2- Claiborne, Robert. Loose Cannons and Red Herrings: A Book of Lost Metaphors. New York: Ballantine Books, 1988.

June 27:  Short Story Day

One of the most iconic and most anthologized short stories ever written is set on this day.  The story is Shirley Jackson’s “The Lottery.”

The date is established in the story’s opening line:

The morning of June 27th was clear and sunny, with the fresh warmth of a full-summer day; the flowers were blossoming profusely and the grass was richly green.

ShirleyJack.jpgWhile the story’s opening sentence paints a calm, serene picture, the events of the story soon turn dark and even horrifying as the reader discovers why the residents of an unidentified small American village have gathered.  In an annual rite, the villagers draw lots to determine which one of them will be stoned to death.

Soon after the story was published in the June 26, 1948 edition of the New Yorker, a deluge of letters arrived expressing the shock and bewilderment of its readers.  In fact, “The Lottery” sparked more letters to the New Yorker than any work of fiction it ever published.  Some of the readers were critical — including some who canceled their subscriptions — but most were simply confused by the story, wanting an explanation of its meaning (1).

On July 22, 1948, nearly one month after the story’s publication, Jackson wrote to the San Francisco Chronicle, giving a brief explanation of the story’s meaning:

Explaining just what I had hoped the story to say is very difficult. I suppose, I hoped, by setting a particularly brutal ancient rite in the present and in my own village to shock the story’s readers with a graphic dramatization of the pointless violence and general inhumanity in their own lives (2).

The day and month of the story’s setting are noteworthy.  June 27th has significance dating back to the Roman calendar as the first day of summer.  It was known as Initium Aestatis or the Feast of Aestas, the Roman Goddess of summer (3).  

But perhaps more noteworthy in determining the meaning of “The Lottery” is the year of its publication:  1948. In her take on the meaning of the story, Ruth Franklin, biographer of Shirley Jackson, explains why it makes sense that a story like this would emerge three years after one of history’s darkest and most brutal wars — World War II:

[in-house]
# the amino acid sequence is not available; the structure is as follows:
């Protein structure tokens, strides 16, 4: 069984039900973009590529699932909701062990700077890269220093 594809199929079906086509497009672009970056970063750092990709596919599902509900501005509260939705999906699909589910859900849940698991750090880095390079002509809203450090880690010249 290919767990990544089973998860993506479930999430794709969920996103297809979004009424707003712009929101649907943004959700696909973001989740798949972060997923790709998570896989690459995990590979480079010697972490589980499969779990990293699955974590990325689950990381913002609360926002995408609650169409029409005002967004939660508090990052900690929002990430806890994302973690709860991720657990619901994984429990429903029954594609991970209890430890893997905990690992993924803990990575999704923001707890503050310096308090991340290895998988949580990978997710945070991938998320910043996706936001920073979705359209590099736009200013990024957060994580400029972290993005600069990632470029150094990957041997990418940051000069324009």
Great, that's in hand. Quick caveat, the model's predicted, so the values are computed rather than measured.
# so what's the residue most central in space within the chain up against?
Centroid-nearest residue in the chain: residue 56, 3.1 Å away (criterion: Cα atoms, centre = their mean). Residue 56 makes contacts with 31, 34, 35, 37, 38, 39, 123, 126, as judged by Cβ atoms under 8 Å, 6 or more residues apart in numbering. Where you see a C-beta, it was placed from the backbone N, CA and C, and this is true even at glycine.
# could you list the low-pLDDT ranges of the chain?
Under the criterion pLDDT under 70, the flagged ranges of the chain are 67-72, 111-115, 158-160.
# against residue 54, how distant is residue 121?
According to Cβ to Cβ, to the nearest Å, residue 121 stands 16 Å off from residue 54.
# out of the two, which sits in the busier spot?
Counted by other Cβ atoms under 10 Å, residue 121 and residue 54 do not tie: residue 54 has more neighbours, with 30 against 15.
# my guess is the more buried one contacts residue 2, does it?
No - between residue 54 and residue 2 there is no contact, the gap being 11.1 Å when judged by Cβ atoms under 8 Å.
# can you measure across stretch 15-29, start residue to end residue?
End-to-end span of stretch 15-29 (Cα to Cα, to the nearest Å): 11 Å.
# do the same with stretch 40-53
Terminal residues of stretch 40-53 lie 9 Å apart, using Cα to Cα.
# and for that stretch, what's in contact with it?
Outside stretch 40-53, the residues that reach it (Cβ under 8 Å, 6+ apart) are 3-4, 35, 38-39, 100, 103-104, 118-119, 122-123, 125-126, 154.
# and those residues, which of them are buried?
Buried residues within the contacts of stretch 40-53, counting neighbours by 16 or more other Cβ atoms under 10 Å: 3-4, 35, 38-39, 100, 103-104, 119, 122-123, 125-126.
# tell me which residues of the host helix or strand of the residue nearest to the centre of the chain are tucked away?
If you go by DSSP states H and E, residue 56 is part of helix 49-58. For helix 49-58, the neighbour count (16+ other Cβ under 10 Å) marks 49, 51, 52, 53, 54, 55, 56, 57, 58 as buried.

[“The Lottery”] anticipates the way we would come to understand the twentieth century’s unique lessons about the capacity of ordinary citizens to do evil—from the Nazi camp bureaucracy, to the Communist societies that depended on the betrayal of neighbor by neighbor and the experiments by the psychologists Stanley Milgram and Philip Zimbardo demonstrating how little is required to induce strangers to turn against each other. In 1948, with the fresh horrors of the Second World War barely receding into memory and the Red Scare just beginning, it is no wonder that the story’s first readers reacted so vehemently to this ugly glimpse of their own faces in the mirror, even if they did not realize exactly what they were looking at (4).

Today’s Challenge:  Short Story Almanac

If you were to write a short story that takes place on a specific day and month, what would it be and why?  Write the opening paragraph of a short story that takes place on a specific day and month.  (Common Core Writing 3 – Narrative)

Quotation of the Day:  I frankly confess to being completely baffled by Shirley Jackson’s ‘The Lottery.’ Will you please send us a brief explanation before my husband and I scratch right through our scalps trying to fathom it?  –Miriam Friend in a letter to the editor of The New Yorker.

1- http://www.newyorker.com/books/page-turner/the-lottery-letters

2-http://northbennington.org/jackson.html

3-http://www.thaliatook.com/OGOD/aestas.html

4-http://www.newyorker.com/books/page-turner/the-lottery-letters

June 23:  Pangram Day

Today is the anniversary of the patent for the first QWERTY typewriter.

Around 1860, Christopher Latham Sholes, a journalist for the Milwaukee News, began his quest to create a machine that could write words both legibly and quickly on paper. Sholes’ design was not the first attempt at creating a writing machine, but it was the fastest and most efficient model available when he filed for his patent in 1868.

Sholes’ great innovation was the QWERTY system (named for the arrangement of the first six letters on the first row of letters on the keyboard). As explained in Great Inventions, Sholes’ design, coupled with the QWERTY letter arrangement, made his typewriter faster than a pen:

The secret of its speed lay in the keyboard design, which paradoxically slowed the typist down. Sholes arranged the letters in the now familiar qwerty sequence: this forces typists to move their fingers further than was really necessary to type common letter sequences but it gave the keys time to fall back into place after typing (1).

The name type-writer was coined by Sholes, who sold his machine to E. Remington & Sons in 1873. In 1874, the Remington typewriter hit the market at a price of $125. One of the first buyers was Mark Twain who completed the manuscript for The Adventures of Huckleberry Finn on his new machine, becoming the first writer ever to present a publisher with a typed manuscript (2).

Even today, in an era where metal keys have been replaced by electronic word processing, the QWERTY system remains the standard keyboard layout.

Wordplay enthusiasts have an entire category of words related to typewriter order. For example, the word typewriter can be written using just the letters on the top row of the keyboard.

Chris Cole’s book Wordplay: A Curious Dictionary of Language Oddities lists the following additional examples:

-Other common words that can be written using just the top row: repertoire, proprietor, perpetuity.

-Longest common word that can be typed using only letters from the middle row: alfalfa.

-Longest common words using letters in typewriter order: weigh, quips, quash, quaff, quill.